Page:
Gen. James Cartwright, vice chairman of the Joint Chiefs of Staff, told students at Johns Hopkins’ Carey Business School today that the current financial crisis -- particularly the intricate economic interdependence among nations with major militaries -- creates a powerful deterrence against conflict.
Moscow’s military adventure in August against Georgia exacted a toll on Russia’s economy.
“In this market turmoil, Russia and China could have chosen a different path that would have been incredibly difficult for us to survive,” Cartwright told the audience in Baltimore, according to the Armed Forces Press Service.
The interdependence of the world’s economy influenced “a conscious choice by their governments” to think twice about aggression, the Marine general speculated.
Cartwright said that interdependence is reflected in an “as they go, we go and as we go, they go” mentality, which is something that is easier to deal with than the Russian-U.S. strategy during the 1950s to 1980s.
“Much as nuclear weapons in the Cold War tended to be able to tell each other when we were uncomfortable, it’s far more comfortable in my mind to use the economy to tell each other when we’re uncomfortable,” he said.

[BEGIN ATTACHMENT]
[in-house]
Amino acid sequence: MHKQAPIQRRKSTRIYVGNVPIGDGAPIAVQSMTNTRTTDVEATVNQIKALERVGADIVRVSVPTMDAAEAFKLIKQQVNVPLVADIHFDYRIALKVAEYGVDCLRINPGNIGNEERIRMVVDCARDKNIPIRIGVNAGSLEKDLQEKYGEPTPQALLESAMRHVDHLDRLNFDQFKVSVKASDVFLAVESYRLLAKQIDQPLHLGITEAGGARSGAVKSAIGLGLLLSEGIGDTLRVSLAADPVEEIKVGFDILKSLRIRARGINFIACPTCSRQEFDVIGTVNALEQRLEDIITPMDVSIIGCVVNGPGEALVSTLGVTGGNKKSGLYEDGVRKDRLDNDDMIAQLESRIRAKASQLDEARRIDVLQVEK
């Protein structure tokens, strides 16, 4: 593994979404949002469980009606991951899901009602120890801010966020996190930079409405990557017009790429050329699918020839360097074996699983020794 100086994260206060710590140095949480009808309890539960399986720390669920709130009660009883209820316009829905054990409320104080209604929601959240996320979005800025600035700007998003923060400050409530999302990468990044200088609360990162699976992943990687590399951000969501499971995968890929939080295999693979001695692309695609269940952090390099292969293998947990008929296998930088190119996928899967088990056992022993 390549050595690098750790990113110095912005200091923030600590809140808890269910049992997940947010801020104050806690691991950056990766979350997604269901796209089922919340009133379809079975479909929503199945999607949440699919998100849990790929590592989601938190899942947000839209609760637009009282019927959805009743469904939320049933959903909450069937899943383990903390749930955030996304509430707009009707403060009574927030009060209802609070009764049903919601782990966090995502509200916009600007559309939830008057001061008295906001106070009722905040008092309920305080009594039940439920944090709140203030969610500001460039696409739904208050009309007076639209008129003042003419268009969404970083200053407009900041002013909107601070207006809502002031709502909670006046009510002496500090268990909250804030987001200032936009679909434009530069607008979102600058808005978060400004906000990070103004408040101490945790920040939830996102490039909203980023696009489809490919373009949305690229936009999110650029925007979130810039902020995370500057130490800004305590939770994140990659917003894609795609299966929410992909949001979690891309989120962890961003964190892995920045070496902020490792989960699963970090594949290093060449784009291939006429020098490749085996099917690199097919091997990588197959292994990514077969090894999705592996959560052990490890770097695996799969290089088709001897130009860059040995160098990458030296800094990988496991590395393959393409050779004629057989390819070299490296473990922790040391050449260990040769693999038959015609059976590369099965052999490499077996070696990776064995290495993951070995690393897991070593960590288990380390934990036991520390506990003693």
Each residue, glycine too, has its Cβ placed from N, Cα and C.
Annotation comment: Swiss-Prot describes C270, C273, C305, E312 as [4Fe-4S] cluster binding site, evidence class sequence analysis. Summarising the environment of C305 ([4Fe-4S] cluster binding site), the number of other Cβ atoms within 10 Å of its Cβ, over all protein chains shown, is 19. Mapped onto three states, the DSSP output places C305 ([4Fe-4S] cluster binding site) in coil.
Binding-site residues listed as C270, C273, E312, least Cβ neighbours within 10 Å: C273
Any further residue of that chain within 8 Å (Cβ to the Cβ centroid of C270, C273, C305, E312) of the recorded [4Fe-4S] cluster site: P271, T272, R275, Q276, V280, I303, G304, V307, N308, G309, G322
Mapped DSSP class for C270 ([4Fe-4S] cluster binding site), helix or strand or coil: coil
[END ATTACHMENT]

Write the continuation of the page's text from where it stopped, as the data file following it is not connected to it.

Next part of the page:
The 2008 National Defense Strategy, signed by Defense Secretary Robert Gates earlier this summer, directs Pentagon planners to try to account for the consequences of globalization and possible economic shocks.
Globalization and growing economic interdependence, while creating new levels of wealth and opportunity, also create a web of interrelated vulnerabilities and spread risks even further, increasing sensitivity to crises and shocks around the globe and generating more uncertainty regarding their speed and effect. Current defense policy must account for these areas of uncertainty.